Welcome to Part 2 of our series that examines the success of Marvel and their properties across the cinematic landscape. In this chapter we build upon our Part One column as we now take a quick look at how Marvel wasn’t always successful right out of the gate, despite the initial success of the original X-Men film that followed their mediocre first Blade outing. While X-Men was Marvel’s first homerun, it wasn’t always smooth sailing before, or after, for the iconic brand: there were certainly a few bumps along their Marvelous road to cinematic domination…
Not Without Growing Pains: The Punisher, Elektra, and The Blade Sequels
Coming off the huge success of the new X-Men film, and just prior to Raimi’s Spider-Man, Marvel would venture outside their widely known and most popular characters in an attempt to try and revisit their X-Men success. The end result was not well received by audiences, and several of the next Marvel film entries would split fans and critics alike.
First we were treated to Guillermo del Toro’s Blade 2. A massive upgrade in terms of film making, though Blade 2 was not a commercial success, it was luckily a critical success. Del Toro made the Blade film every fan had wanted to see, but the overall popularity of the character just wasn’t commercially a successful blockbuster. General audiences didn’t take to the obscure Marvel vampire hunter, and the box office receipts showed just that.
Marvel would have a handful of other significant hits following Blade 2, including Ang Lee’s Hulk. But again Marvel chose to go to the lesser known, but possibly more hip route, by putting The Punisher up on the big screen. The film itself was well made and had just right mixture of violence and story, but audiences, again, did not take to the theaters to see the lesser-known comic book property. The Punisher, starring newcomer Thomas Jane, made only $54 million worldwide.
Marvel was putting decent films out, but they were doing so with properties that were not their cornerstones, and what followed Blade 2 and The Punisher (and hot off the heels of Raimi’s Spider-Man) was Marvel’s attempt to get Daredevil into the mainstream, but again with little success. Also included in this somewhat flawed Daredevil film was Marvel’s first attempt to start a spin-off film within another film, by introducing us to Jennifer Garner’s Elektra. Ultimately neither film was of great success, though Daredevil cleared $100 million, despite the excellent big name casting decisions with Ben Affleck as Daredevil, and the hot commodity that was Jennifer Garner as Elektra at the time (JJ Abrams Alias had starred Garner and had been a huge success on ABC television). Elektra, alas, only grossed $56 million worldwide. But it was a great idea that would see it’s full potential when the Phase One films took off years later.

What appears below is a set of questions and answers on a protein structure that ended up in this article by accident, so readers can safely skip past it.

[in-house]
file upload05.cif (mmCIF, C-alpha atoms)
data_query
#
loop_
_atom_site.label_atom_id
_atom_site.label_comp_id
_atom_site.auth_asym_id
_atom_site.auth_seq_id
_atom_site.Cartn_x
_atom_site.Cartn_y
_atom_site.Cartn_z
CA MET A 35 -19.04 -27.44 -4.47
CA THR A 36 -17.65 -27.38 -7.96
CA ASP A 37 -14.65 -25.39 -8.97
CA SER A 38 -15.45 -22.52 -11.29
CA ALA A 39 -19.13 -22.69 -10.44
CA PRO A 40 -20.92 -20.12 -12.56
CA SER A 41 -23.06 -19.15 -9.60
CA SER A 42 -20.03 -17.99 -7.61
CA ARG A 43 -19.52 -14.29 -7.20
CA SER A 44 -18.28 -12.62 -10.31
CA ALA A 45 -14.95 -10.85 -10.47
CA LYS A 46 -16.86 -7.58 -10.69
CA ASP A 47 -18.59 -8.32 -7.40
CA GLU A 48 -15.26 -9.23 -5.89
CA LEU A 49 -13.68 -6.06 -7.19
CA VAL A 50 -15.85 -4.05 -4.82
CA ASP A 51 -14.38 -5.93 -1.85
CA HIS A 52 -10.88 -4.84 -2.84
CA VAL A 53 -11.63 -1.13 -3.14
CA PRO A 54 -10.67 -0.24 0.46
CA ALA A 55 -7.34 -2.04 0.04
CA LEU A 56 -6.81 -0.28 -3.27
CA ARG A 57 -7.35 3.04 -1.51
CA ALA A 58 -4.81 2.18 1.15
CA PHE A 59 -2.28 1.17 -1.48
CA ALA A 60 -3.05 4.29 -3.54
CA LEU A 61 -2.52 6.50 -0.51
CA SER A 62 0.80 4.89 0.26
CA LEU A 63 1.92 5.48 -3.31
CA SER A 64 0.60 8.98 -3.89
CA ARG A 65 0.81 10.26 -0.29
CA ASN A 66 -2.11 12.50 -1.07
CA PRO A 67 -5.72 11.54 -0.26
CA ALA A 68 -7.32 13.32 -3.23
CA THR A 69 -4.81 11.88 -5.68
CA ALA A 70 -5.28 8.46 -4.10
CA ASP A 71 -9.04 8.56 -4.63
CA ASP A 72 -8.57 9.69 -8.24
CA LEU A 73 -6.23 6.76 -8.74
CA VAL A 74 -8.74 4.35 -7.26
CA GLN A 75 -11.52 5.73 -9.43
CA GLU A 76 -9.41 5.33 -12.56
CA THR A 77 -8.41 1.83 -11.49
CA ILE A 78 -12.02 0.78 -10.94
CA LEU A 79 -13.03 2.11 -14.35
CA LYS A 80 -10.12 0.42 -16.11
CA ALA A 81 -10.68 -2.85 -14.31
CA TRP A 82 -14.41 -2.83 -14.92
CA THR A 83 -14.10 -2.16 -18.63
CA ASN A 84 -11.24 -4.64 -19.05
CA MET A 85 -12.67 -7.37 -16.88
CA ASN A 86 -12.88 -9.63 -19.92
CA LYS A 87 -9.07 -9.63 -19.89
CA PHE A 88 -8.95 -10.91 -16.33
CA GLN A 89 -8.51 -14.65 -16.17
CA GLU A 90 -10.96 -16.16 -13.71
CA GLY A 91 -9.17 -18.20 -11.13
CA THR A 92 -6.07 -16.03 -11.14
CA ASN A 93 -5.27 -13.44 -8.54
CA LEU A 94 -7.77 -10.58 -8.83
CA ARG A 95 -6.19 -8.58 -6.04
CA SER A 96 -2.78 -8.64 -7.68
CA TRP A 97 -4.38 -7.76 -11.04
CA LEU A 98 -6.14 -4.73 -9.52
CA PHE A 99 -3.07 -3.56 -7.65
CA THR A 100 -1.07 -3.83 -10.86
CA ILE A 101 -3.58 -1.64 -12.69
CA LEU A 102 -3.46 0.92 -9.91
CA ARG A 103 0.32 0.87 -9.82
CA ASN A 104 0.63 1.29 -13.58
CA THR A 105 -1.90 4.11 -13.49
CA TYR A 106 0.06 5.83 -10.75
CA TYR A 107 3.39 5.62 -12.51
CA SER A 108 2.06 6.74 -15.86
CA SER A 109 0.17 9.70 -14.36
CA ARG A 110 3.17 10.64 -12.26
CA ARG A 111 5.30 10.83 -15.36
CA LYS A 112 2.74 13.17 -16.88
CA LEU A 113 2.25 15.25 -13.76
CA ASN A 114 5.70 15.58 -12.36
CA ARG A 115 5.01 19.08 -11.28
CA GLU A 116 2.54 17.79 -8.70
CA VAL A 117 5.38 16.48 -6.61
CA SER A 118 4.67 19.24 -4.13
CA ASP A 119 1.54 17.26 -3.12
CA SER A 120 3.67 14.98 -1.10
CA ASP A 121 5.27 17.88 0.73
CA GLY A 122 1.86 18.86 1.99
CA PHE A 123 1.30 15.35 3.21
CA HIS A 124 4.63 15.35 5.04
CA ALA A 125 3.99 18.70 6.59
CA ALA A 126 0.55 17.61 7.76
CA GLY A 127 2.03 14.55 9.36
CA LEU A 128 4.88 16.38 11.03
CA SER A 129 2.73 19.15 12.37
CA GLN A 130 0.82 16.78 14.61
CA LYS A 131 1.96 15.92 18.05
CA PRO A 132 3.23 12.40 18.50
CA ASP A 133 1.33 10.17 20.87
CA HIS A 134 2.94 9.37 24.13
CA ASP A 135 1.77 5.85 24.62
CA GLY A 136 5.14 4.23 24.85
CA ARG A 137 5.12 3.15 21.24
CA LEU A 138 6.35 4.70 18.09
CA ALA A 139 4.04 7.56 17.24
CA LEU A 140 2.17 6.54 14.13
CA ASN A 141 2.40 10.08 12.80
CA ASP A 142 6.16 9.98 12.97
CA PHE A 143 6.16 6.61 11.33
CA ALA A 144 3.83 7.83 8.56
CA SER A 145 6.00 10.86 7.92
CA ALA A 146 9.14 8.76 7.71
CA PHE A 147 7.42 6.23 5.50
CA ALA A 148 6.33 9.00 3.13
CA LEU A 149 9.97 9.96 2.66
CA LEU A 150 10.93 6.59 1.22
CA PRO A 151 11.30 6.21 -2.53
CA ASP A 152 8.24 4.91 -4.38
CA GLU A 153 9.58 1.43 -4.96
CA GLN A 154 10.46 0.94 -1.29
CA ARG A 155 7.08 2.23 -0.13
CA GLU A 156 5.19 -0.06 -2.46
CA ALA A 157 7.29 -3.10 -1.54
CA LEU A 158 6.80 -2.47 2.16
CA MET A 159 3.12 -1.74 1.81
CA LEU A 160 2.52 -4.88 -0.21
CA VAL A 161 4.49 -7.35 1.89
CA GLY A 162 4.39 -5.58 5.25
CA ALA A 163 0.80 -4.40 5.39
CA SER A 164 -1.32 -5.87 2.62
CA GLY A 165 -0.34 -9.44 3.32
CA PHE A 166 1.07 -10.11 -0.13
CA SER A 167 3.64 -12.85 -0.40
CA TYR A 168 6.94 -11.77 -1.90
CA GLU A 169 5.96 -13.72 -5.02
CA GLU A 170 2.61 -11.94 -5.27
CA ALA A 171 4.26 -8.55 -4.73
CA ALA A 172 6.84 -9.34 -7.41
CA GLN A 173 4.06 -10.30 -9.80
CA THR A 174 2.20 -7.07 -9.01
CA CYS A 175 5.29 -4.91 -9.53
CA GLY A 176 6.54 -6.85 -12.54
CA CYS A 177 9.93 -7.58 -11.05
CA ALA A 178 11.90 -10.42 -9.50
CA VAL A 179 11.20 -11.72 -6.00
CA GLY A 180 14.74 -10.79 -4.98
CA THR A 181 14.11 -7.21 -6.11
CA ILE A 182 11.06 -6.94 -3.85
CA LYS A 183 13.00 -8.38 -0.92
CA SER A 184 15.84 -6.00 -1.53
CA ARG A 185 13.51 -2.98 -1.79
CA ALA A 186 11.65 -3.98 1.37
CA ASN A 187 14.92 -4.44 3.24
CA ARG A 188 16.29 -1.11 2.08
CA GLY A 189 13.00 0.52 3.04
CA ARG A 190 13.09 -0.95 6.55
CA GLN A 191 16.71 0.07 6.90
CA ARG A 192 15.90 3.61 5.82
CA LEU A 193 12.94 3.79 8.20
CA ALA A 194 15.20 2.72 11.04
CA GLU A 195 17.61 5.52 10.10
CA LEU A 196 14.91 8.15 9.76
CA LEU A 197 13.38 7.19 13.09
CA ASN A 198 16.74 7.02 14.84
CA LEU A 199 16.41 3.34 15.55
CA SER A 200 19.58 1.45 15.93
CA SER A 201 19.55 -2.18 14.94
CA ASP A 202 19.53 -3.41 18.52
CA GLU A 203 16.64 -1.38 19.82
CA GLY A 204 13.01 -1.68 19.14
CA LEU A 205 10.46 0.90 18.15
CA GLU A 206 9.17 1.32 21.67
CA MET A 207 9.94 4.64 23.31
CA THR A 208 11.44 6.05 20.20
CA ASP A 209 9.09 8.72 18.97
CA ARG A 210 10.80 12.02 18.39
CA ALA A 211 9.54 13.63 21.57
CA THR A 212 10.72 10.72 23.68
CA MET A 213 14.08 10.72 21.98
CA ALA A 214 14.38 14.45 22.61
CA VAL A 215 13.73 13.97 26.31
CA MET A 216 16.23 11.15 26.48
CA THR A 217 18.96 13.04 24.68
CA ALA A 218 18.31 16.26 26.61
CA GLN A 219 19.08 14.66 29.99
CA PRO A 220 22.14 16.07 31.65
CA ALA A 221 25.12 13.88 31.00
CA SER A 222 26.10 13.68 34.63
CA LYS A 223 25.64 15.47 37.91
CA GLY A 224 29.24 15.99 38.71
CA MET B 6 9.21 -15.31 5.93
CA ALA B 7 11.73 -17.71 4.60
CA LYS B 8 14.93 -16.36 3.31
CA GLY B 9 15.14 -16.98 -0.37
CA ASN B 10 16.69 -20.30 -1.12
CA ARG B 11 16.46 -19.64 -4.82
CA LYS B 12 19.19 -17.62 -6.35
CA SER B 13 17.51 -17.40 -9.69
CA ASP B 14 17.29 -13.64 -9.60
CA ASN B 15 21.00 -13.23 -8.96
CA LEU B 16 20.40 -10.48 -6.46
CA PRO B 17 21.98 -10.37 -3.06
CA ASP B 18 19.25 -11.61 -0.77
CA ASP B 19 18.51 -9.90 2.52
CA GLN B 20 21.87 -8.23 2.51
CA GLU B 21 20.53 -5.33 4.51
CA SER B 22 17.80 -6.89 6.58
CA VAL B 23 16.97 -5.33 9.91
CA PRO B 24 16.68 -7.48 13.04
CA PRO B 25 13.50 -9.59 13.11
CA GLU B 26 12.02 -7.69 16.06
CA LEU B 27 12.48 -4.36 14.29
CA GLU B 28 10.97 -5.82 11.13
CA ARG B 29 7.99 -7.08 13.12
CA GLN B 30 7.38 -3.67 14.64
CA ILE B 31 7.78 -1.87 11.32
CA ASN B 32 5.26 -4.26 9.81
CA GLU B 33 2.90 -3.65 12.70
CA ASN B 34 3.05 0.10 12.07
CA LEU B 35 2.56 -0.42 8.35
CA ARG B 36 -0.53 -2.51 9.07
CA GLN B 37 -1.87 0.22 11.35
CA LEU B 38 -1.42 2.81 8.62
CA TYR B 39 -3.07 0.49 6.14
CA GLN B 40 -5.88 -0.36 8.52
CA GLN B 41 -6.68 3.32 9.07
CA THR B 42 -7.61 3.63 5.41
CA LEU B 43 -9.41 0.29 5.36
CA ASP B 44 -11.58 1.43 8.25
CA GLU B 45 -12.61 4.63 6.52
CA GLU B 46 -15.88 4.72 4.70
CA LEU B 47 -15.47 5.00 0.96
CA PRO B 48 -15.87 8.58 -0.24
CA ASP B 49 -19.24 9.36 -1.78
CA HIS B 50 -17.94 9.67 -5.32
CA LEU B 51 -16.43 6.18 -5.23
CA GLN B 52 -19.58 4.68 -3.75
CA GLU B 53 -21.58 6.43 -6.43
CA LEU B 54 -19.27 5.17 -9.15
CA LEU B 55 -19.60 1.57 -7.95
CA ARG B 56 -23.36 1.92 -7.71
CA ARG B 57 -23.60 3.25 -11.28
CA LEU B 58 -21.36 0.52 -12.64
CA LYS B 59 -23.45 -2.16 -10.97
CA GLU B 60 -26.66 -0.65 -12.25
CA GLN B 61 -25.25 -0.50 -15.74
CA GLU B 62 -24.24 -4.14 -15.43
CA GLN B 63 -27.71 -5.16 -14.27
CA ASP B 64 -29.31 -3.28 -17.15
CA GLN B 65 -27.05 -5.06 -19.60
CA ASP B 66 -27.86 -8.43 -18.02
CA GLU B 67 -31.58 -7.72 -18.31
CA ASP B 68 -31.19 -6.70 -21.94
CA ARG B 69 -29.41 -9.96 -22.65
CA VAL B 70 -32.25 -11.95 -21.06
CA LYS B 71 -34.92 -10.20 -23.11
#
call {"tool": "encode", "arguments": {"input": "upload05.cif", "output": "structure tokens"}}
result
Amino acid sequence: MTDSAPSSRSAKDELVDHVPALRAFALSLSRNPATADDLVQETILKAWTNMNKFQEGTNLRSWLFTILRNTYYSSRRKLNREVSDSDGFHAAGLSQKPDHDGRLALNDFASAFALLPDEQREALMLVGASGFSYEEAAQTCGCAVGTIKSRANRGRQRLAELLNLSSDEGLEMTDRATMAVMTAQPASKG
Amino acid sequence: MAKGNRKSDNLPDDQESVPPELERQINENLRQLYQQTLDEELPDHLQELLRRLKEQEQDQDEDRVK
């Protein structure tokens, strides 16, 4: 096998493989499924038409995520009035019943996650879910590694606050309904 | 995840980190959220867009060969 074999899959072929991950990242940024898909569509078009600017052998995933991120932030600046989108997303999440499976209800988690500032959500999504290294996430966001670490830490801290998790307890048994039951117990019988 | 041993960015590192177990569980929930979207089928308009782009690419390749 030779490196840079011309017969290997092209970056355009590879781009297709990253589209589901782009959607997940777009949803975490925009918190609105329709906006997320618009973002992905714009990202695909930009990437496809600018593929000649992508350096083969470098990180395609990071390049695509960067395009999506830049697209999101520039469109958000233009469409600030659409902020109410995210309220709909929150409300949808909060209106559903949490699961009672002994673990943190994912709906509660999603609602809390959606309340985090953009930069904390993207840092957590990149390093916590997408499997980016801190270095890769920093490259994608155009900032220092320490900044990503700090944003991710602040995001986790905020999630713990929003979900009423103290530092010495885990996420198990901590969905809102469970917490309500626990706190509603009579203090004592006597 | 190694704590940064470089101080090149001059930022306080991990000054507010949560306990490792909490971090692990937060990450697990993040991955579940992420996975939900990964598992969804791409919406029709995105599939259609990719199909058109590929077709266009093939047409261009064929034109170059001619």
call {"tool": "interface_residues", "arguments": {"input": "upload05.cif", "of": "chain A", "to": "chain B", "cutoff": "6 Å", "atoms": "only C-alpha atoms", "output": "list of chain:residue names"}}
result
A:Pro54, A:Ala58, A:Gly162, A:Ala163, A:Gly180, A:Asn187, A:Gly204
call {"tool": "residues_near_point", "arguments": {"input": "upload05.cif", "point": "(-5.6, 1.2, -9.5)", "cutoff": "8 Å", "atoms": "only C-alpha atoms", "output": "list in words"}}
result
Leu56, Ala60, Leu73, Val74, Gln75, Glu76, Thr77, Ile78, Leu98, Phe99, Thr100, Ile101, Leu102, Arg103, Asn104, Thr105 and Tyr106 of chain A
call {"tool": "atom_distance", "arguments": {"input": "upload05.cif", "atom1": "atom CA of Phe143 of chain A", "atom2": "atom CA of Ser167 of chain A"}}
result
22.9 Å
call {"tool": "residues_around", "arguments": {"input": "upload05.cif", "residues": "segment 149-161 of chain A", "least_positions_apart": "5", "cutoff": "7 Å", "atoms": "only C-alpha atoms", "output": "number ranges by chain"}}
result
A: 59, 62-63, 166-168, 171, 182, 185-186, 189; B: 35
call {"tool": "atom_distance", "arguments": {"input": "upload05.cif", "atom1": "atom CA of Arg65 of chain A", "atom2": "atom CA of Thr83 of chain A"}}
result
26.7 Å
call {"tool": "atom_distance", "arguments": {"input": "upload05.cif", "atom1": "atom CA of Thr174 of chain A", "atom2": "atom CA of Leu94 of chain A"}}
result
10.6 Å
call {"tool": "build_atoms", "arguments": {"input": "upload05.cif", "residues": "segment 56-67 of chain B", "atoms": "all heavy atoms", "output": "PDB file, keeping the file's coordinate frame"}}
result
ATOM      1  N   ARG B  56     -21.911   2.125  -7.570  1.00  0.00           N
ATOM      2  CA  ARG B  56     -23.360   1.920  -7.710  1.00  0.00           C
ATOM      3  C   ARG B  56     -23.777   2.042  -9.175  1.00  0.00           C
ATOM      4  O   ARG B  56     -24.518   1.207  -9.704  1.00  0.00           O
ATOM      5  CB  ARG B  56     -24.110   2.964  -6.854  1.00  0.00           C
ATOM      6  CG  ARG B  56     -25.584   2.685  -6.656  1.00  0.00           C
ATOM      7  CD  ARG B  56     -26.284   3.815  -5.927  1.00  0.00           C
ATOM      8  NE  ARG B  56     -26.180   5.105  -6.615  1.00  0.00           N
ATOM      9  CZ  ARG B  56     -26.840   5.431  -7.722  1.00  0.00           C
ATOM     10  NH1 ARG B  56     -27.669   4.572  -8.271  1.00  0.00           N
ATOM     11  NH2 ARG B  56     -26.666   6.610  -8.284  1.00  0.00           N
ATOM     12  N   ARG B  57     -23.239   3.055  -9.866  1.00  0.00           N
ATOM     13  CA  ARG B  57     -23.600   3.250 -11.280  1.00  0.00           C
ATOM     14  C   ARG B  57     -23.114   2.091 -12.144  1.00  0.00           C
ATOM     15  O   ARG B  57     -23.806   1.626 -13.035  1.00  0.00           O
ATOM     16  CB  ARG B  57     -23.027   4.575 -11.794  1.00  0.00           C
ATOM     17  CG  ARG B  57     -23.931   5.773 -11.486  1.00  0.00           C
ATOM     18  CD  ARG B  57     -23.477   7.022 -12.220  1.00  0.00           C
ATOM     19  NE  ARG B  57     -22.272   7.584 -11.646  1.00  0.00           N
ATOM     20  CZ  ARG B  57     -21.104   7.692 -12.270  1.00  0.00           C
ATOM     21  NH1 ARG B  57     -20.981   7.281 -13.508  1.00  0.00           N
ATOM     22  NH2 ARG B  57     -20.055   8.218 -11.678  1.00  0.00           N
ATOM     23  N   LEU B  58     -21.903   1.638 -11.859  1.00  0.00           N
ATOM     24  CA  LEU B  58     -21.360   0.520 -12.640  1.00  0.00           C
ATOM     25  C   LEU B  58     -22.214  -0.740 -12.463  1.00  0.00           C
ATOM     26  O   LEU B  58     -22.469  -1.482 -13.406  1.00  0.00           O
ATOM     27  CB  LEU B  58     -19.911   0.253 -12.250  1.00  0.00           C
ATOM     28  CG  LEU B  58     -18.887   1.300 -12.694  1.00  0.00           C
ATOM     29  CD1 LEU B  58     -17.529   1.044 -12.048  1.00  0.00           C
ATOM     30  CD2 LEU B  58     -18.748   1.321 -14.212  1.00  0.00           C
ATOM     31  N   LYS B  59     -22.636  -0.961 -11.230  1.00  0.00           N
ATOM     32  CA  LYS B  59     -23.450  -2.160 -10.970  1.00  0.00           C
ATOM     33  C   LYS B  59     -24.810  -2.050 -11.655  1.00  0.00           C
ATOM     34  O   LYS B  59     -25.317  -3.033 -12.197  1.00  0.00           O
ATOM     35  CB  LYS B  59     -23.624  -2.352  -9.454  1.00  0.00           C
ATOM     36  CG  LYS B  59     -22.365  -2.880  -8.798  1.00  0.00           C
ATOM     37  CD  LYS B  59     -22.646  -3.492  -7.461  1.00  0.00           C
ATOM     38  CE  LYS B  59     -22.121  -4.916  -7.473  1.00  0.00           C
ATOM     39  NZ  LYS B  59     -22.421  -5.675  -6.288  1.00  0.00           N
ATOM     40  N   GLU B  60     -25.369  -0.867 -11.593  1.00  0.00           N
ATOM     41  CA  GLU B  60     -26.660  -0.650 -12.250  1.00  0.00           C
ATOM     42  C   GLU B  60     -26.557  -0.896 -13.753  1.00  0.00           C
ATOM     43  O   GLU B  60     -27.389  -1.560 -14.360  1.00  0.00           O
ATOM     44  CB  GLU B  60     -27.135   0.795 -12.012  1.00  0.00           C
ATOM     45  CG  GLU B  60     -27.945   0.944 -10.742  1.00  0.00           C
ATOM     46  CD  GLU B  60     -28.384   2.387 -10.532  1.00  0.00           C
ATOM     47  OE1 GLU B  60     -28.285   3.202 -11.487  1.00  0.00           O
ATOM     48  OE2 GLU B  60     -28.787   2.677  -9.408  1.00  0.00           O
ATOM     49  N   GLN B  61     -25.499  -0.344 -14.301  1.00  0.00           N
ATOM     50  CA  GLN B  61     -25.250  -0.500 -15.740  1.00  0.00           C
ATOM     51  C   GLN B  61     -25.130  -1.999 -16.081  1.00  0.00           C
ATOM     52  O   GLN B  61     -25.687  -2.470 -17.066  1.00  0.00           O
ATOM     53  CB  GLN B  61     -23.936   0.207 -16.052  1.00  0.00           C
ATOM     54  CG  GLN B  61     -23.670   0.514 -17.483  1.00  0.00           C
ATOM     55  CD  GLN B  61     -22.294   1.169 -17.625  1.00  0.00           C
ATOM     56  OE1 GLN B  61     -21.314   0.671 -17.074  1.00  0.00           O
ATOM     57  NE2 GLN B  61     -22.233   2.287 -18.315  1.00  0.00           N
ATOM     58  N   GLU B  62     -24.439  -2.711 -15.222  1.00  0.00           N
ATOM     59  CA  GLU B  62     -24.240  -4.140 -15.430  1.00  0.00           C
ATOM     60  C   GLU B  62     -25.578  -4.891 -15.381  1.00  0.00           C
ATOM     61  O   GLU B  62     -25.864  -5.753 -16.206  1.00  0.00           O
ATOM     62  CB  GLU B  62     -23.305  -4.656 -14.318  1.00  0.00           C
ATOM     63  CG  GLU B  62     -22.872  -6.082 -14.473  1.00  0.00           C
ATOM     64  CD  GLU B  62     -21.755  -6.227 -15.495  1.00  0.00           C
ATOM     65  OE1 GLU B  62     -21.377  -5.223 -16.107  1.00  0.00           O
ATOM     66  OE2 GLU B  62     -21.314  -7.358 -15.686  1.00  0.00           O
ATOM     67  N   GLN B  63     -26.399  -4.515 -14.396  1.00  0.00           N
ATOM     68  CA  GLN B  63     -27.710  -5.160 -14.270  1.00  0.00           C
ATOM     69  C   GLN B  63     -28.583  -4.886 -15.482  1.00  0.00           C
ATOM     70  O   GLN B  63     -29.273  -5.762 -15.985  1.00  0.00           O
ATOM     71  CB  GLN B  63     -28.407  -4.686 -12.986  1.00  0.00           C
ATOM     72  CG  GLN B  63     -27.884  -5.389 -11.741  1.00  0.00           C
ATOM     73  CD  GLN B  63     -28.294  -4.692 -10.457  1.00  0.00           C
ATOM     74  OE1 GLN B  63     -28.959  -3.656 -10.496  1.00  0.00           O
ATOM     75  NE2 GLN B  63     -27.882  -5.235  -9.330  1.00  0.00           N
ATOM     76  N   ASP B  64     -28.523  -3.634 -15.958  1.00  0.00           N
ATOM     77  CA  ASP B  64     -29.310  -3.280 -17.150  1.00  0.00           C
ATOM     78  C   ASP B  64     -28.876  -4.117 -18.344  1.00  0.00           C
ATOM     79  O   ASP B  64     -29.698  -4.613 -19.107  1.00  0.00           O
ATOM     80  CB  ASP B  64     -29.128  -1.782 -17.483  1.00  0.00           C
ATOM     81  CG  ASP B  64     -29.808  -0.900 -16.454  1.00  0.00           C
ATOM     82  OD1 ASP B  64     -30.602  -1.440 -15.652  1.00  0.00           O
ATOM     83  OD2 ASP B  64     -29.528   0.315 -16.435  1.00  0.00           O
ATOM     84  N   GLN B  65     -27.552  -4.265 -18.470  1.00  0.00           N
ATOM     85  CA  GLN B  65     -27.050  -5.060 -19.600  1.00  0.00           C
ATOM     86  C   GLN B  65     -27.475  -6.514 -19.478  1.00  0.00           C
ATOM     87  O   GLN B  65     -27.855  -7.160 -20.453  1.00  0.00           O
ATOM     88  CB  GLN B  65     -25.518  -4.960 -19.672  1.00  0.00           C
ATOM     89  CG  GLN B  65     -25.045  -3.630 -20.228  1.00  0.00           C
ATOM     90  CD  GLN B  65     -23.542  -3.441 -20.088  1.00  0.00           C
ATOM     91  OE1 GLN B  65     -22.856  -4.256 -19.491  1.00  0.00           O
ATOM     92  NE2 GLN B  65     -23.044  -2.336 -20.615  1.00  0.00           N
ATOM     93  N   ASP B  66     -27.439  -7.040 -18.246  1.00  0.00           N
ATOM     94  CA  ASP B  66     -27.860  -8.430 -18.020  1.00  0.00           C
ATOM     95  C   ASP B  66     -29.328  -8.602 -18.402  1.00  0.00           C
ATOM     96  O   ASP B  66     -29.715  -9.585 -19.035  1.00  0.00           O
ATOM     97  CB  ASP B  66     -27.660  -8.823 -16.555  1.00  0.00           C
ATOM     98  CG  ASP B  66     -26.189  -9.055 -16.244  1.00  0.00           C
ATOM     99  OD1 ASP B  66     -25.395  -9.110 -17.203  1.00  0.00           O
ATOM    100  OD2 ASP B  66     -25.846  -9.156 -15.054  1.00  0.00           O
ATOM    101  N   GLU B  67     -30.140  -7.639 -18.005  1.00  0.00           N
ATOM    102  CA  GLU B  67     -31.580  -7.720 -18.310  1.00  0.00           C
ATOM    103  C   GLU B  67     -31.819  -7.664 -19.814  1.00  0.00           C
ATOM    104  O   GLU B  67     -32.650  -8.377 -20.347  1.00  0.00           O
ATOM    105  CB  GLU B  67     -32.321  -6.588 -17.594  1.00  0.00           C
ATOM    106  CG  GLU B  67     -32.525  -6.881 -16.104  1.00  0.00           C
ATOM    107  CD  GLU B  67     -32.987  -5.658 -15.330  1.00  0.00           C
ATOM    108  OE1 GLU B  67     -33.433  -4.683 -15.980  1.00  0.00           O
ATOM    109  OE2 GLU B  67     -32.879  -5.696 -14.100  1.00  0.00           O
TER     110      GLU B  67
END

This decision by Marvel to try and integrate some role playing characters into mainstream cinema was an opportunity that had to be taken. It allowed the studio to see what was clicking with audiences as far as overall content and character was concerned, and it also allowed them to hone their film making practices in preparation for what was to come in the near future (2 years out): Marvel’s Cinematic Phase One.
But one sequel then sets the tone for the future of Marvel films…
X2: X-Men United Stuns Everyone
In 2003 Marvel would release the widely anticipated follow-up to their first big box office hit, X-Men. With X2: X-Men United, director Bryan Singer blew everyone away with telling the perfect X-Men story that covered new ground combined with groundbreaking digital effects. The entire original cast returned for the film, and this sequel out-grossed it’s groundbreaking original by over $50 million domestically. It was also at this time that associate Marvel producer Kevin Feige would take over as co-producer of this and future Marvel films, and ultimately wind up becoming the creative force behind Marvel’s ultimate cinematic success.
X2: X-Men United would also be the best sequel ever made to a comic book film prior to Sam Raimi’s Spider-Man 2, while only being Marvel’s 3rd attempt at a franchise film sequel. The film had a fantastic, stunning opening sequence featuring an attack on the White House’s Oval Office, and it went on to see both opposing mutant sides combine forces to try and survive. Better than the original in nearly every single facet, X2: X-Men United upped the comic book film ante for both Marvel and it’s rival DC Comics alike, who were busy in pre-production on their own franchise relaunch with Christopher Nolan’s Batman Begins.
With the success of X2: X-Men United, Marvel had created it’s first cinematic franchise. And what followed X2 would be Marvel’s greatest cinematic feature put to film until The Avengers was released in 2012. Next week we take a look at Spider-Man 2 as the ultimate, and arguably greatest, film sequel ever made, and how Marvel was still learning from their past mistakes before they got things just right.